Depressive Disorder in Older Medical Inpatients on General Medicine and Cardiology Services at a University Teaching Hospital.
The authors examined the prevalence, characteristics, and correlates of depressive disorder among medical inpatients age 60 or over at a private teaching hospital. Seventy-six of 129 patients admitted to the general medicine and cardiology services at Duke University Hospital were screened for depressive disorder using DSM-III-R criteria. Depressive disorders were diagnosed in 34.2% of patients: major depression in 13.2%, adjustment disorder in 11.8%, depression not otherwise specified in 5.3%, organic mood disorder in 1.3%, and uncomplicated bereavement in 2.6%. Of patients with major depression, all had symptoms of mild-to-moderate severity. The most common presenting symptoms were insomnia, psychomotor agitation, difficulty concentrating, and loss of energy. Depression was more prevalent among women, general medicine patients, staff (vs. private) patients, and those who were functionally disabled or had multiple serious medical conditions. When other patient characteristics were controlled, however, only health factors were independently associated with depression.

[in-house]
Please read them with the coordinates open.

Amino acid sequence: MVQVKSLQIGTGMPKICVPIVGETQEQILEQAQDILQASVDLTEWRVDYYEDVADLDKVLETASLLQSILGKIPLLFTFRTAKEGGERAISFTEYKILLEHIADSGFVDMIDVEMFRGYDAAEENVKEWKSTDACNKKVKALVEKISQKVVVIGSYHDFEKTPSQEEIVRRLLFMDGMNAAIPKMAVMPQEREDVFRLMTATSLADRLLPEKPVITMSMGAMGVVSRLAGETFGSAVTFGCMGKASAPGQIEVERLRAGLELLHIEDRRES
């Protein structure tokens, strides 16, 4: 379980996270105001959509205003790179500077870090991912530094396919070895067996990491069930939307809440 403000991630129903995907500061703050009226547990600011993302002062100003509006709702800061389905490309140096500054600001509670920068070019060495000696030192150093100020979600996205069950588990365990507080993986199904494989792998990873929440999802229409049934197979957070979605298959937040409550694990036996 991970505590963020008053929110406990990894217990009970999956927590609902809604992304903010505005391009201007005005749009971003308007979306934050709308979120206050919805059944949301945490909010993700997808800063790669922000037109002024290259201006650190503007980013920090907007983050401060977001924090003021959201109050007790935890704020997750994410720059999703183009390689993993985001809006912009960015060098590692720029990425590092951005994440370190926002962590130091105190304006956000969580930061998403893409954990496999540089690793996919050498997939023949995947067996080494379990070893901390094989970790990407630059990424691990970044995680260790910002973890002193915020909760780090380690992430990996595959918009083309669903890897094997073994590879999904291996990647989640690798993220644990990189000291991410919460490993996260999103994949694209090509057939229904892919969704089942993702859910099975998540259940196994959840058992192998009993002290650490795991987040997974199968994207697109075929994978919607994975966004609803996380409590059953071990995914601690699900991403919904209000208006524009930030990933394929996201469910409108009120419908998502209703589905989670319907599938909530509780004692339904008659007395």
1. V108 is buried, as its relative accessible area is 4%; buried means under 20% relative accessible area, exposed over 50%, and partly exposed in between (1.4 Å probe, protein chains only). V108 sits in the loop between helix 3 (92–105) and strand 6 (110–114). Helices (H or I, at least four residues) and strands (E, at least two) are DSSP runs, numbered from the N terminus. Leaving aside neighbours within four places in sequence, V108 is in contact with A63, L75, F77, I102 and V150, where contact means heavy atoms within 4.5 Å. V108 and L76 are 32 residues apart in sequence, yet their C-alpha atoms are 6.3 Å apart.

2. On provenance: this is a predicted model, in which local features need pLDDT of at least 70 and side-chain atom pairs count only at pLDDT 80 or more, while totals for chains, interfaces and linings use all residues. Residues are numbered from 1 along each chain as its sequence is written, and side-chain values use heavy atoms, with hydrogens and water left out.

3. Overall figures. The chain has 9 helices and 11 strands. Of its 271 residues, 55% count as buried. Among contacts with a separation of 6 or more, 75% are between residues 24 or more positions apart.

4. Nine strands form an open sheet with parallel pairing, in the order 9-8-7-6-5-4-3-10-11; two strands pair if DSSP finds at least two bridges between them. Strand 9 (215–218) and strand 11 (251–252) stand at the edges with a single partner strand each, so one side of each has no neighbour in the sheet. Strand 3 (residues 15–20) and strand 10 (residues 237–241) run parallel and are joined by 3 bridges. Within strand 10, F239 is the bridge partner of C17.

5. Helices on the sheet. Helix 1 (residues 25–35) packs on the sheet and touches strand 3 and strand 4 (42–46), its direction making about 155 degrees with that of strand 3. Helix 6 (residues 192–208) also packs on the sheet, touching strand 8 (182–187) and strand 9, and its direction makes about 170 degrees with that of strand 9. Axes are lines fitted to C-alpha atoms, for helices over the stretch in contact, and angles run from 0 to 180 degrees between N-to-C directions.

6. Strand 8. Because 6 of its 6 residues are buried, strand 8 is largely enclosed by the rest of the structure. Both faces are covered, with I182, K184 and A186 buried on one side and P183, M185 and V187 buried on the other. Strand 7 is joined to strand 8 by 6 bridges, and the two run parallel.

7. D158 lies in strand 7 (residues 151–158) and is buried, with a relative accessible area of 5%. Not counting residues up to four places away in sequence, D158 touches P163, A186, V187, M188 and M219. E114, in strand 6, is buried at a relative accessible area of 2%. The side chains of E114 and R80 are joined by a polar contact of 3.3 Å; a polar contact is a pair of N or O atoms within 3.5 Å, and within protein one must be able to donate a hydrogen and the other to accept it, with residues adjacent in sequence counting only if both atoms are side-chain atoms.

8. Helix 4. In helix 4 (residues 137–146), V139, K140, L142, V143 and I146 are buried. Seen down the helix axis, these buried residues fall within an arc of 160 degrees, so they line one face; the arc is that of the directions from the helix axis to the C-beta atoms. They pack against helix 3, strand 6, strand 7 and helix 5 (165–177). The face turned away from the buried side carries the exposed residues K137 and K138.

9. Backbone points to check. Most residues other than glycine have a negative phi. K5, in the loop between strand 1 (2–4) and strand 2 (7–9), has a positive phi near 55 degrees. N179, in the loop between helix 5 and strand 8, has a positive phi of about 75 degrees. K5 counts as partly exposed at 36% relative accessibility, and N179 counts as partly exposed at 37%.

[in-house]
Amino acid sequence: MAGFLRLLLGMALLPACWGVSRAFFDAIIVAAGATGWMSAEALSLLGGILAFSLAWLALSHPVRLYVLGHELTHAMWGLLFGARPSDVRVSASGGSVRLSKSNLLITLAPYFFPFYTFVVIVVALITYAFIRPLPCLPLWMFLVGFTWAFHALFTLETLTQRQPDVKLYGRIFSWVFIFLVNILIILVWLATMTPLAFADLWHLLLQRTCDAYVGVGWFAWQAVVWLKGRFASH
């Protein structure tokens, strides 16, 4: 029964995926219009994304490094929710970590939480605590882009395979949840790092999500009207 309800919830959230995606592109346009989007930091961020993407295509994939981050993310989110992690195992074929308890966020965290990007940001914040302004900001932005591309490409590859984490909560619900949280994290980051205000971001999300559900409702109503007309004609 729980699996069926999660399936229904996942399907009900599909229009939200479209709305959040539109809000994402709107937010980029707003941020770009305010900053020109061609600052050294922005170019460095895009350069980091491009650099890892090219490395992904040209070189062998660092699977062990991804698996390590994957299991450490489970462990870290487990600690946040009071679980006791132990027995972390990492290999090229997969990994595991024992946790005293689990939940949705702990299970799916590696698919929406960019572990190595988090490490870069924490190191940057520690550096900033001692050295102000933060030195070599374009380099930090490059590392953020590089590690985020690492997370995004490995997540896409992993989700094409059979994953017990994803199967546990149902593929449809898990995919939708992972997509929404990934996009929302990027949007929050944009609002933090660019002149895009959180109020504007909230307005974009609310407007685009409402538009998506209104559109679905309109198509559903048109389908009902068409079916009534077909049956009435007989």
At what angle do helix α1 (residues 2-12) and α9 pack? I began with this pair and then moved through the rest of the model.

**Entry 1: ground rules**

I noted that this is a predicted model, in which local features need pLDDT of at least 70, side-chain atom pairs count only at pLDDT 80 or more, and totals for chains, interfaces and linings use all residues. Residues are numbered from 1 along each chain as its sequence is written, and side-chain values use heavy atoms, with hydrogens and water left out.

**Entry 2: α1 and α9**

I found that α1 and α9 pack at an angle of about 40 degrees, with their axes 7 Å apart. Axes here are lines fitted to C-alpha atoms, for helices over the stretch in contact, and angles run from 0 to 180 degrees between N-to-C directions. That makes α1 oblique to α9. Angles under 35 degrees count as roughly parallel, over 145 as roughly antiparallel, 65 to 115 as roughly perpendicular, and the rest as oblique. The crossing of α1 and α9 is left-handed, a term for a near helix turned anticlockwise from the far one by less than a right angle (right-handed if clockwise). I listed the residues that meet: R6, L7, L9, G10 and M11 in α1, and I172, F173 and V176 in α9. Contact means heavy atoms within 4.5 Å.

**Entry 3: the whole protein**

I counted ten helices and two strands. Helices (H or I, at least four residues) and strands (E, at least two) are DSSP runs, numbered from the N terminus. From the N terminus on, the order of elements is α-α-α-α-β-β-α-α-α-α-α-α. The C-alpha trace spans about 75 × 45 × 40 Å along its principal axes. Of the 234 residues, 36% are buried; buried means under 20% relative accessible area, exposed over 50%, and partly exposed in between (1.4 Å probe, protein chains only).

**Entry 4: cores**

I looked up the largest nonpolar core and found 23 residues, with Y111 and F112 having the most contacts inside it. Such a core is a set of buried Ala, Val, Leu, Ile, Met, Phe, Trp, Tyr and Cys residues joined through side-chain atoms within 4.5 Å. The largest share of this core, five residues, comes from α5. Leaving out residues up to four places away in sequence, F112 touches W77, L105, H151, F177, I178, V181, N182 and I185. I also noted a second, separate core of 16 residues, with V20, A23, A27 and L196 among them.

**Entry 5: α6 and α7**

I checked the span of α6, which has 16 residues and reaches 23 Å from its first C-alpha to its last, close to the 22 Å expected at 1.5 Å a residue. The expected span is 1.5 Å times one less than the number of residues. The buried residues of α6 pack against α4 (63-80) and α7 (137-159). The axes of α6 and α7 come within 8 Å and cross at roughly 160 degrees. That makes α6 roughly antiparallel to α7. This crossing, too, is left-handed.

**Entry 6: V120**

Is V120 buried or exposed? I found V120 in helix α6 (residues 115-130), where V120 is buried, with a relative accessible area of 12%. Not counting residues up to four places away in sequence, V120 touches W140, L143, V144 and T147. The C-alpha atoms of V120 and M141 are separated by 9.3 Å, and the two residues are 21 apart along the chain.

Koenig, HG; O'Connor, CM; Guarisco, SA; Zabel, KM; Ford, SM
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